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Distributed for Bodleian Library Publishing

The Happy Prince & Other Tales

With an Introduction by Michèle Mendelssohn
Illustrated by Charles Robinson
A collector’s edition of Oscar Wilde’s stories for children.

Oscar Wilde’s stories have given pleasure to generations of readers. This collection of children’s stories, first published in 1888, explores timeless themes of good and evil, freedom and responsibility, love and death, beauty and self-sacrifice. Featuring princesses, ogres, and talking animals, The Happy Prince & Other Tales poses questions that are as pertinent now as they were at the turn of the century. What is love? asks “The Happy Prince.” How do you get what you need? asks “The Nightingale and the Rose.” How do you win friends—and avoid alienating people? Can you have too much compassion? How can you set the world on fire?

By turns moving and funny, these stories teach free thinking rather than giving prescriptive lessons. This beautiful collector’s edition includes original watercolor illustrations and decorative motifs from the 1913 edition by Charles Robinson. With an introduction by Wilde expert Michèle Mendelssohn, The Happy Prince & Other Tales is certain to surprise and delight children and adults alike.

96 pages | 12 color plates, 5 line drawings | 6 3/4 x 9

Children's Books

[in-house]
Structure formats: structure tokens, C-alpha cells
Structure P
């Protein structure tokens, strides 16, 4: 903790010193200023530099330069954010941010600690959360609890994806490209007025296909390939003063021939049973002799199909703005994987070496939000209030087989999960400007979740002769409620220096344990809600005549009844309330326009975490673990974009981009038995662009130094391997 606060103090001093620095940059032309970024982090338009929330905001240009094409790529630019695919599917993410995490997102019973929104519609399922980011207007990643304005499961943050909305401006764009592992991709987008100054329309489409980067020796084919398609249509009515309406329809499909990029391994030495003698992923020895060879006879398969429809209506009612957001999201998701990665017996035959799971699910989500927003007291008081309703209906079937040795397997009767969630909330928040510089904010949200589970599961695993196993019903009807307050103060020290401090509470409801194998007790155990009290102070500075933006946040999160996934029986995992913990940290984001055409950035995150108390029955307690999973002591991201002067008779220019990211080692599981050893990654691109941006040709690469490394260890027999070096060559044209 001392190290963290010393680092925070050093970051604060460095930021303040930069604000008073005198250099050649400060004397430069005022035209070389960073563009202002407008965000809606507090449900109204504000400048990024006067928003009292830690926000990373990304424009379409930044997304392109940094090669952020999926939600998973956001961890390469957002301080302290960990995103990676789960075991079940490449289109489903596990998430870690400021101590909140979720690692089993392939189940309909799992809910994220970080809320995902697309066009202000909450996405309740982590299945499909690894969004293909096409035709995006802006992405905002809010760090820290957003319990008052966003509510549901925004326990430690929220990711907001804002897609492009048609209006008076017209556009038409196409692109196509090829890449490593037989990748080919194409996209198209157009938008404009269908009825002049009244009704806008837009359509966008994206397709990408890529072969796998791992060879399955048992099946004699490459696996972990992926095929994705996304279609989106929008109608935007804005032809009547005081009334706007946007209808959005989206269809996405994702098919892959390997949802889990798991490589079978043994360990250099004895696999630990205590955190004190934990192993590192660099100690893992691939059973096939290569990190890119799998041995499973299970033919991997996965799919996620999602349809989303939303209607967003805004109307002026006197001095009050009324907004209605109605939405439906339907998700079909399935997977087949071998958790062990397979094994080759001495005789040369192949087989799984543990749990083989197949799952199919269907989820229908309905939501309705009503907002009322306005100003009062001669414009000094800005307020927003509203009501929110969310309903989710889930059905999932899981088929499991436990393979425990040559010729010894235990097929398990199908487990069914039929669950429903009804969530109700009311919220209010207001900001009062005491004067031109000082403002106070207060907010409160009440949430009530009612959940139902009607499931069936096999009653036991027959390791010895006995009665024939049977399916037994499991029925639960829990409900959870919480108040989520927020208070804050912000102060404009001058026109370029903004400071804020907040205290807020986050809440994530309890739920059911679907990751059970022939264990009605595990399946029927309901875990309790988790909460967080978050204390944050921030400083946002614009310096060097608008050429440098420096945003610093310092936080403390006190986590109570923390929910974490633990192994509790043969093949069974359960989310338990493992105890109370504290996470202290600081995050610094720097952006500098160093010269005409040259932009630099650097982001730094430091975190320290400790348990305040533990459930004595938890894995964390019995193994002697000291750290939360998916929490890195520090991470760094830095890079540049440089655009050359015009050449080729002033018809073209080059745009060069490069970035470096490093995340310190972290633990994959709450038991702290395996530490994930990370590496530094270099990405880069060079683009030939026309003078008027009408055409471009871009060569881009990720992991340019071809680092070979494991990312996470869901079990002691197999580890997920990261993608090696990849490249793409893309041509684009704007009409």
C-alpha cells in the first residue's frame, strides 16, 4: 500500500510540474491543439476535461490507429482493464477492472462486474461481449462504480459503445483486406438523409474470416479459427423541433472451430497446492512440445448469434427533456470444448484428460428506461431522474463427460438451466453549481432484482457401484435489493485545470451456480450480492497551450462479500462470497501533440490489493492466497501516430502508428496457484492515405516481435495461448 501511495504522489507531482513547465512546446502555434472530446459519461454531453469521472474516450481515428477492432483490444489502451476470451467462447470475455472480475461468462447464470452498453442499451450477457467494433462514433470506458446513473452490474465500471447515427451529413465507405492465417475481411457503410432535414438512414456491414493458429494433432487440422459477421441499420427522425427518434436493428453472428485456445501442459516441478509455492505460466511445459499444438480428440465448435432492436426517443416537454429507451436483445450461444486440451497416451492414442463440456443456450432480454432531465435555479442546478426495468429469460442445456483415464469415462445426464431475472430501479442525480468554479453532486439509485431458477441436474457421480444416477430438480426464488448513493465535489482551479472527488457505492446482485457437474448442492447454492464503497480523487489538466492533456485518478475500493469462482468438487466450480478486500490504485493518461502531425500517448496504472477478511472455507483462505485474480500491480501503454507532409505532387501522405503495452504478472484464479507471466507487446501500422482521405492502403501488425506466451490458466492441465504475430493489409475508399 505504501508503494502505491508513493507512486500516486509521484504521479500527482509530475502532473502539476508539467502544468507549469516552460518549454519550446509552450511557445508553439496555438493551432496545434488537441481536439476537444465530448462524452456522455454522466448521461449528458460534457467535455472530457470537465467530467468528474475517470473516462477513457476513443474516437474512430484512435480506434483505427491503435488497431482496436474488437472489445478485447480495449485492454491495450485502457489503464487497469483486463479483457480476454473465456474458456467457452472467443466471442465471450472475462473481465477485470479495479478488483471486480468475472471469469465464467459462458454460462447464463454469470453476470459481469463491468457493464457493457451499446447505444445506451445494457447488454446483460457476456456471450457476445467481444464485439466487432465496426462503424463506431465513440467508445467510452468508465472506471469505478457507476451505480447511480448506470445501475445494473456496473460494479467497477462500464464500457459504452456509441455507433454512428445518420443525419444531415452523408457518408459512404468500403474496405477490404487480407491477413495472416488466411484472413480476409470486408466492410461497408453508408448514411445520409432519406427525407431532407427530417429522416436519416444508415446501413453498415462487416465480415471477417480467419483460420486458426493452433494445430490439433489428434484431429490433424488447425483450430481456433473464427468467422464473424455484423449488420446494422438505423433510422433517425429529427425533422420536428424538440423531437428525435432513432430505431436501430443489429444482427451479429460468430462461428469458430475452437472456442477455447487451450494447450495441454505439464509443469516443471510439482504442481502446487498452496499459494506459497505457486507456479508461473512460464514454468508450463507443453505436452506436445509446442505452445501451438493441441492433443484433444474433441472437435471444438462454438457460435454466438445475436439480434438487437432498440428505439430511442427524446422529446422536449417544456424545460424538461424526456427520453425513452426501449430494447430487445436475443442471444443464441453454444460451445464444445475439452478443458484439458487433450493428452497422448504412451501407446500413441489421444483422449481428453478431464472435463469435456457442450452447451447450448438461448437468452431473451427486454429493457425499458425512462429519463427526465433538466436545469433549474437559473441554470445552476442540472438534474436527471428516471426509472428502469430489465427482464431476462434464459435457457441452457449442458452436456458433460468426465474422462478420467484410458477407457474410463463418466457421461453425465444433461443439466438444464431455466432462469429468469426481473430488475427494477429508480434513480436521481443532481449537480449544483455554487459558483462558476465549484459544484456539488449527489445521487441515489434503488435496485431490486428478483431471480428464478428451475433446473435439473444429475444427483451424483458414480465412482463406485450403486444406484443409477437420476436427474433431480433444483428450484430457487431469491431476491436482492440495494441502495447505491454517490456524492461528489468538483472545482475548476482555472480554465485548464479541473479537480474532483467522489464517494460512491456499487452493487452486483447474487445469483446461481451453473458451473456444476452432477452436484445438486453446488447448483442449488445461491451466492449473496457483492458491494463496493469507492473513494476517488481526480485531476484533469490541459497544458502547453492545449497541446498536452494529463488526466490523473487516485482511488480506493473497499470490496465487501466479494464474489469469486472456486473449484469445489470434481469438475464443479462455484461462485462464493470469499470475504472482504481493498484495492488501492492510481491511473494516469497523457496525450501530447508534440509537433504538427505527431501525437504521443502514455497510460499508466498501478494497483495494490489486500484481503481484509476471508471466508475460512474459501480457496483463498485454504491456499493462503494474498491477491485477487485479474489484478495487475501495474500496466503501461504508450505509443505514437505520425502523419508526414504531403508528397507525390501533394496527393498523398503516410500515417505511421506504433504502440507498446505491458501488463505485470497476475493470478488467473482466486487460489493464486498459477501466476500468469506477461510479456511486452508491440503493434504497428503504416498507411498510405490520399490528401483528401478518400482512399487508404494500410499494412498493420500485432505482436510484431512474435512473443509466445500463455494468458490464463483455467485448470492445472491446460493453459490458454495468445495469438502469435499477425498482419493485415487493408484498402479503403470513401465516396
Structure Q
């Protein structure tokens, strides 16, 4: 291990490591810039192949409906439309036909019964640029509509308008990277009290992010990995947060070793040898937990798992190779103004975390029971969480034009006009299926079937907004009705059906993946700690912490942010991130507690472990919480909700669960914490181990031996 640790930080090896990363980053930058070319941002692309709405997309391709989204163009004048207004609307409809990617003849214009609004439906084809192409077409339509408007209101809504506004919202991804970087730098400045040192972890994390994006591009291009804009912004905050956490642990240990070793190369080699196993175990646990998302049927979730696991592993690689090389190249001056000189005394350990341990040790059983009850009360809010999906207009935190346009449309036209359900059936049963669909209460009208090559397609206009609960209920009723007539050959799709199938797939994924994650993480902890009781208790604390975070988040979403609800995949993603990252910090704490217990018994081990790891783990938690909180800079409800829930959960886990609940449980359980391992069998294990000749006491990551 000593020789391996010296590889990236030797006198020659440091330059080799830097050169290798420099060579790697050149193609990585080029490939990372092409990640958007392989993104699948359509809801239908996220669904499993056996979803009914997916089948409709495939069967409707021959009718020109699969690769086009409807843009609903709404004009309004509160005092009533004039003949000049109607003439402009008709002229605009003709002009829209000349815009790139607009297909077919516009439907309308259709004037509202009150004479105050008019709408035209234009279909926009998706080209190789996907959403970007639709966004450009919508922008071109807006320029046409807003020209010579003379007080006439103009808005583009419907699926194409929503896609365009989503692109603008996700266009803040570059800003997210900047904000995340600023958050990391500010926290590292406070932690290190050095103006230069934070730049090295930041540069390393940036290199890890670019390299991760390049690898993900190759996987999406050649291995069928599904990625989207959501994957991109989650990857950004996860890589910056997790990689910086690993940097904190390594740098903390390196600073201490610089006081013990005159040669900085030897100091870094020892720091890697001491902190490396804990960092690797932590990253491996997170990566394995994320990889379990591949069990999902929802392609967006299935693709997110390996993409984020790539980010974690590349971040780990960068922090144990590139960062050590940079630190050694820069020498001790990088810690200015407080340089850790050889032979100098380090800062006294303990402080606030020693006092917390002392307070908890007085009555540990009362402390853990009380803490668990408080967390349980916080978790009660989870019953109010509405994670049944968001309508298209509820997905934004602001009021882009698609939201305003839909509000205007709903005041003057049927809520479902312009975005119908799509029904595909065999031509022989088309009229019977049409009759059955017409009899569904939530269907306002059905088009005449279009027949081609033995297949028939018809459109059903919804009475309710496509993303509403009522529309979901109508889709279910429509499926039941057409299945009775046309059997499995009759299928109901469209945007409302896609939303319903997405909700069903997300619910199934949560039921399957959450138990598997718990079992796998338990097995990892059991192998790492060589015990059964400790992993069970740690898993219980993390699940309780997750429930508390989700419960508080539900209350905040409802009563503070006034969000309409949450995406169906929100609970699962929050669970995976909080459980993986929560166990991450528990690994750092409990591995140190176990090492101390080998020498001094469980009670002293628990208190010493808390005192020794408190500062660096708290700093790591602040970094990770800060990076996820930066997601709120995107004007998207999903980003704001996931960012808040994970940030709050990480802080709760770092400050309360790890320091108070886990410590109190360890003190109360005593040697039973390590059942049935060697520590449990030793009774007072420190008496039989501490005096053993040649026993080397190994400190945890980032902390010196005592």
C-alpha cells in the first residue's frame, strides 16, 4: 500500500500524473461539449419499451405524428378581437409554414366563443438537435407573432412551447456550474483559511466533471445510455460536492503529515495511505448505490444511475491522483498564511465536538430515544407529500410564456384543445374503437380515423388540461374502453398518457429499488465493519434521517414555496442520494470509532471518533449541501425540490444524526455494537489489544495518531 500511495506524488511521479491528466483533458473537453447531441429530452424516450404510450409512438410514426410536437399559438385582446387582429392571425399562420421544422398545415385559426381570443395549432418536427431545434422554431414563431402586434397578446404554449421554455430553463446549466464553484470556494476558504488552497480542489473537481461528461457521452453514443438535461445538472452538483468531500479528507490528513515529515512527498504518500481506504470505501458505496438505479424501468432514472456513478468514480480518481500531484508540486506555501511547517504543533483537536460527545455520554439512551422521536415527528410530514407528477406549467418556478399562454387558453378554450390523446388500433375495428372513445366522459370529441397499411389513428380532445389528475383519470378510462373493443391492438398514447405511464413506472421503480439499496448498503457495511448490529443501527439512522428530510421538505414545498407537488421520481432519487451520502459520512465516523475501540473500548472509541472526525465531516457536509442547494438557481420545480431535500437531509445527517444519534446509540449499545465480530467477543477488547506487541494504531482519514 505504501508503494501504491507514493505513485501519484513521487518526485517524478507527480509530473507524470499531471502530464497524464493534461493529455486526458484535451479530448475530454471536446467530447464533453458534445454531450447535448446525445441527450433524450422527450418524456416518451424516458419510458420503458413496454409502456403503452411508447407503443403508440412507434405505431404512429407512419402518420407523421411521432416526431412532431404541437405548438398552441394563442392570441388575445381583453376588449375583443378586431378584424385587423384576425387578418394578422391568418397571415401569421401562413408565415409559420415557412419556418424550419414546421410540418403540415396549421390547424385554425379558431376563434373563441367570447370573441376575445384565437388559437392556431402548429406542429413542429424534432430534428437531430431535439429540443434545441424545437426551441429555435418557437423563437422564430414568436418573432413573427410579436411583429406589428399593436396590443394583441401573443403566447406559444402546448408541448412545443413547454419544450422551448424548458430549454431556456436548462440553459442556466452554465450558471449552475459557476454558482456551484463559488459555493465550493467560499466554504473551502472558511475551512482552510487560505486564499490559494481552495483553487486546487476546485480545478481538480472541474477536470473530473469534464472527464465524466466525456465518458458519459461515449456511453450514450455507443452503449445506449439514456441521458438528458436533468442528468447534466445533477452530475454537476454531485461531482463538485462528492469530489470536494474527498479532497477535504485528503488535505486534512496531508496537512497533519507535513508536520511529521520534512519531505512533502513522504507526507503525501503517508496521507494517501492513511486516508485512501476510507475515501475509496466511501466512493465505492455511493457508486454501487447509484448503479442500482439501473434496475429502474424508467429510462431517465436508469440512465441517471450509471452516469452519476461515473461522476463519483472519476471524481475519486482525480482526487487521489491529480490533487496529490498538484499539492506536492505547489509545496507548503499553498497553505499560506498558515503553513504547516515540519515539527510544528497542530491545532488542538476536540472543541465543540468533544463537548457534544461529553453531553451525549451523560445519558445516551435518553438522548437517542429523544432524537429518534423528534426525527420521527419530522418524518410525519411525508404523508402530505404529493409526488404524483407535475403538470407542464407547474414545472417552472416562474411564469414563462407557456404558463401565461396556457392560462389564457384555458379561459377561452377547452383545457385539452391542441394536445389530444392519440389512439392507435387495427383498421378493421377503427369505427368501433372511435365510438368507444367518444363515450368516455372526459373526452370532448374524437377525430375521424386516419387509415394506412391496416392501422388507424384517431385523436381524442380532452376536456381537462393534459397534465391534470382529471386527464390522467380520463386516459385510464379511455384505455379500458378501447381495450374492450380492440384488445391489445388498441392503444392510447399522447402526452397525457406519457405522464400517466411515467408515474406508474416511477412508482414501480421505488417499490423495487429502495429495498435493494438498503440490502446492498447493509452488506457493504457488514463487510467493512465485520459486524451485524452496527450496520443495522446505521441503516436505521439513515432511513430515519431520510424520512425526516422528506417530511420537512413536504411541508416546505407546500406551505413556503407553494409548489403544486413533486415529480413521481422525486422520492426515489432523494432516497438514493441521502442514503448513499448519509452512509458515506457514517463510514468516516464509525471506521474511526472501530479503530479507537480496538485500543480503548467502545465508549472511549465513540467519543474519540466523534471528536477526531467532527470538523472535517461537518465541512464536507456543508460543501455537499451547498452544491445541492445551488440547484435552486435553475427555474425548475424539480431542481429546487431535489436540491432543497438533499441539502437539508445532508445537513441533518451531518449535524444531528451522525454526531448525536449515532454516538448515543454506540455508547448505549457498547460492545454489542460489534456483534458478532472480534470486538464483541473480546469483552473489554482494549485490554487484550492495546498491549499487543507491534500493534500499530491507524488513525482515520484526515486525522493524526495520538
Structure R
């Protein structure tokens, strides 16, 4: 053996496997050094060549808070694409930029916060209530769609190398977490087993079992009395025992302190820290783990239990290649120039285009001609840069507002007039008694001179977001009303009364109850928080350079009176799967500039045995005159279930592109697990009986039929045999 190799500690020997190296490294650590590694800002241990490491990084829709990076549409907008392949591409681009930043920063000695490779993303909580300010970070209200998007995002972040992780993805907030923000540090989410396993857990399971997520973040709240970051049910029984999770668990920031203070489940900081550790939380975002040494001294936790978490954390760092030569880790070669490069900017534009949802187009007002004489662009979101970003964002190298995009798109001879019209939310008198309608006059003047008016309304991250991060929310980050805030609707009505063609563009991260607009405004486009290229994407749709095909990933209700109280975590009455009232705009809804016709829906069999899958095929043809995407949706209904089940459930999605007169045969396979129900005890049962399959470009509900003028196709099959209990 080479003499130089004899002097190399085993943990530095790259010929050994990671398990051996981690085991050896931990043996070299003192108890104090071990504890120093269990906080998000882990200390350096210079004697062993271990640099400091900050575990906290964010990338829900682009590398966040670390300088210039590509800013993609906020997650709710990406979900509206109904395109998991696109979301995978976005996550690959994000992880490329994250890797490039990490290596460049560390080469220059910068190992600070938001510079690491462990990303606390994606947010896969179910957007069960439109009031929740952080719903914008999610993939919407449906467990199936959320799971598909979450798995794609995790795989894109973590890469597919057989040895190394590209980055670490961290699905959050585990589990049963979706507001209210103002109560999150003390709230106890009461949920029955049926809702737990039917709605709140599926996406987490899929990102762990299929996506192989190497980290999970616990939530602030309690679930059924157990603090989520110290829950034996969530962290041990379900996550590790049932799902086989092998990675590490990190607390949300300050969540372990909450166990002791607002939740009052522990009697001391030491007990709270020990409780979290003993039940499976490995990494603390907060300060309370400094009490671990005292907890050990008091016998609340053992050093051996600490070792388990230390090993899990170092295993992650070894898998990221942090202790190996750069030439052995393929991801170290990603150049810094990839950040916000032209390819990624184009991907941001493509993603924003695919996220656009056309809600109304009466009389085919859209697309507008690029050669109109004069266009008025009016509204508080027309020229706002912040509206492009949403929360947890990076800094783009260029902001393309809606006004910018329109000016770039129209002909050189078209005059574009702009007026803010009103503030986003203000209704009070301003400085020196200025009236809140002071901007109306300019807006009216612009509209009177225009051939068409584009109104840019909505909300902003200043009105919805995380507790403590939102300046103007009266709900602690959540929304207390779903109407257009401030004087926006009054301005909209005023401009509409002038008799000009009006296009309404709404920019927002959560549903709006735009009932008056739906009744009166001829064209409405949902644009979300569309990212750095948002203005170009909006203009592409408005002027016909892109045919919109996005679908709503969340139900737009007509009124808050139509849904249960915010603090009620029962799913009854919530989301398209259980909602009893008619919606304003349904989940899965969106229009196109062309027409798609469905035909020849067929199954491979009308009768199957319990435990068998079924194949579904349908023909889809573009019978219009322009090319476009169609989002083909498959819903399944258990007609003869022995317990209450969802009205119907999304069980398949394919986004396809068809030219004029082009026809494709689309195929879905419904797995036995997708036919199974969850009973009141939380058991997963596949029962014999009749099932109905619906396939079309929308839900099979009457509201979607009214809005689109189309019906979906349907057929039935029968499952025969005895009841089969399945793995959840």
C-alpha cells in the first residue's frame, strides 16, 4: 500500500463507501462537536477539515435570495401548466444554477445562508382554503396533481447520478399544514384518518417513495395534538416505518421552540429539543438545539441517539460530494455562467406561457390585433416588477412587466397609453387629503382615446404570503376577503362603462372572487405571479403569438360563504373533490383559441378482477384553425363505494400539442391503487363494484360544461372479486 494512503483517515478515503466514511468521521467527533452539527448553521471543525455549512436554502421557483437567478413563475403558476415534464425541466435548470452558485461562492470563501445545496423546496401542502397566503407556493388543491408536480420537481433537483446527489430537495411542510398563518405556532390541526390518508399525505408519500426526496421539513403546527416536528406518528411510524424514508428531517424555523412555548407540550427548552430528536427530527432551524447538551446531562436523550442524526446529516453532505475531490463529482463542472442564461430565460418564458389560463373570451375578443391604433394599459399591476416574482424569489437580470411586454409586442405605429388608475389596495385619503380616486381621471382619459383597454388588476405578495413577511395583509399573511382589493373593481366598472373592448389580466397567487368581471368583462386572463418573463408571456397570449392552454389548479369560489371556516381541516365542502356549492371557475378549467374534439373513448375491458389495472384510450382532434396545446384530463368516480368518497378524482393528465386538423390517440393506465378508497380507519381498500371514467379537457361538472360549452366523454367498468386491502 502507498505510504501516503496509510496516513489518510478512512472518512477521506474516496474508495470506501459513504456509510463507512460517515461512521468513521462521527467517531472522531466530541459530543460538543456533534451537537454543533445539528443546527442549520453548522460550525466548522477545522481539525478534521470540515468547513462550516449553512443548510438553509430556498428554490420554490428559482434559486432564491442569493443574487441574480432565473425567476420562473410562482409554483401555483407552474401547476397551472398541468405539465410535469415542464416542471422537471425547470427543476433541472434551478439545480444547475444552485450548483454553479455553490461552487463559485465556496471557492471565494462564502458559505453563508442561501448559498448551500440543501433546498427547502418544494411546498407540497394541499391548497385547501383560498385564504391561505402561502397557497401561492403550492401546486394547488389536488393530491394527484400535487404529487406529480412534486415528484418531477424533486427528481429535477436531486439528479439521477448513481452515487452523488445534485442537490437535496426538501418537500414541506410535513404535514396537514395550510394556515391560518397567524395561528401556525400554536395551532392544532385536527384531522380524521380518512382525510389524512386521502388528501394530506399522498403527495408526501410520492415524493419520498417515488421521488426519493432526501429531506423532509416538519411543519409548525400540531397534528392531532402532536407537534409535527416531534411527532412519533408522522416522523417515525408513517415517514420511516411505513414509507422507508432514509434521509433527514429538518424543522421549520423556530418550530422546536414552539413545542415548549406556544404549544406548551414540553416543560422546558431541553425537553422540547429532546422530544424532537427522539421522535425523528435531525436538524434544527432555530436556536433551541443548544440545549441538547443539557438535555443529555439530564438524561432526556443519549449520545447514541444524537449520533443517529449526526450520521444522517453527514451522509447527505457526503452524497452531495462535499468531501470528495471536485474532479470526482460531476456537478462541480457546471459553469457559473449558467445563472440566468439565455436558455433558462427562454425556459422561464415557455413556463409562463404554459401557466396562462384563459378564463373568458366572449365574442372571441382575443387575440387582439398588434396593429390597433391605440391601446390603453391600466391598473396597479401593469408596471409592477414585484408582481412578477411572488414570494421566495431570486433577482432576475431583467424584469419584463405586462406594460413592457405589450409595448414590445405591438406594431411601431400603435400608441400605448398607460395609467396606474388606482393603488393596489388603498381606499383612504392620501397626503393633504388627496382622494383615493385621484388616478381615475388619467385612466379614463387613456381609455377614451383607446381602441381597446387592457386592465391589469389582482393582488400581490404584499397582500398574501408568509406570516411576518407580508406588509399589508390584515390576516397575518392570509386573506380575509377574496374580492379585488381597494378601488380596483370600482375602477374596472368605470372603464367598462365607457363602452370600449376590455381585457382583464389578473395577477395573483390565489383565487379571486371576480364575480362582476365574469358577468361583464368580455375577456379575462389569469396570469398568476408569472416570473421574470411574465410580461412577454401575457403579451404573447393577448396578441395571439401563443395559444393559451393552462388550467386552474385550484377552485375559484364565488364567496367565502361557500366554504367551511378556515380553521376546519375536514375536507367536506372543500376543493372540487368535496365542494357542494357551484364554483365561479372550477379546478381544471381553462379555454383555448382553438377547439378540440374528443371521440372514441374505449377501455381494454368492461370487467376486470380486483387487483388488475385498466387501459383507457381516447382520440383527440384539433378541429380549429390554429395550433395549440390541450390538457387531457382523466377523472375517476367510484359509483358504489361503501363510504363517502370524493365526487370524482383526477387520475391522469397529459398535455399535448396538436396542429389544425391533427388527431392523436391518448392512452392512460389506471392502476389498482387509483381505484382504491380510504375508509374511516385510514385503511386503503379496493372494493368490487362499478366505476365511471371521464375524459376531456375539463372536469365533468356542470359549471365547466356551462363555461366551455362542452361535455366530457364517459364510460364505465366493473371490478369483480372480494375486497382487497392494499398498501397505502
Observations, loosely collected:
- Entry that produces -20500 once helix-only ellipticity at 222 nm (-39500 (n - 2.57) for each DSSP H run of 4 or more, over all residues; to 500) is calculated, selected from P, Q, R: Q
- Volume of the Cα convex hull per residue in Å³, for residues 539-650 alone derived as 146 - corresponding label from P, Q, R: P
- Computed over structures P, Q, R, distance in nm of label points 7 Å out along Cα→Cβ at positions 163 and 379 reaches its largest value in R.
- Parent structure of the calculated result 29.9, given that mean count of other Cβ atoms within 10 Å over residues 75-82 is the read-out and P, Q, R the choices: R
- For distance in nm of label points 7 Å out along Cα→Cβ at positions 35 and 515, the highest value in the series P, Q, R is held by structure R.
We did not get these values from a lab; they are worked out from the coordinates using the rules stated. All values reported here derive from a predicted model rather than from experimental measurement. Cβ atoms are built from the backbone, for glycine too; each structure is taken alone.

Literature and Literary Criticism: British and Irish Literature

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Table of Contents


The Happy Prince
The Nightingale and the Rose
The Selfish Giant
The Devoted Friend
The Remarkable Rocket


Picture Oscar Wilde – imposing, sophisticated, elegantly dressed in a tailored suit – on all fours. He is down on the nursery floor, all six feet four inches of him. Two excited little children named Vyvyan and Cyril sit astride his back. Their grandmother calls them princes and he, their father, does their bidding. He has put all two hundred pounds of himself at their service. He will become any animal they wish: he roars like a lion for them, then howls like a wolf and neighs like a horse. Now he crawls, then races around the house like a beast let loose, romping from the nursery into the dining room, over chairs and under tables. The children are delighted. When he rears up, they grip his shoulders, nuzzling into his neck and inhaling the smell of him, a familiar mixture of cigarette smoke and eau de cologne. They will remember it as long as they live. In 1895, he will be sent to jail, and his sons will never see him again. Years will pass; the boys will become men. Both will serve in the British Army during the First World War. Cyril will be killed on the Western Front in 1915. Vyvyan will become a translator and declare himself ‘proud of my father and his place in English literature’. In his memoir, Son of Oscar Wilde, Vyvyan will immortalize a private version of his father as ‘a smiling giant’ who ‘told us all his own written fairy stories’.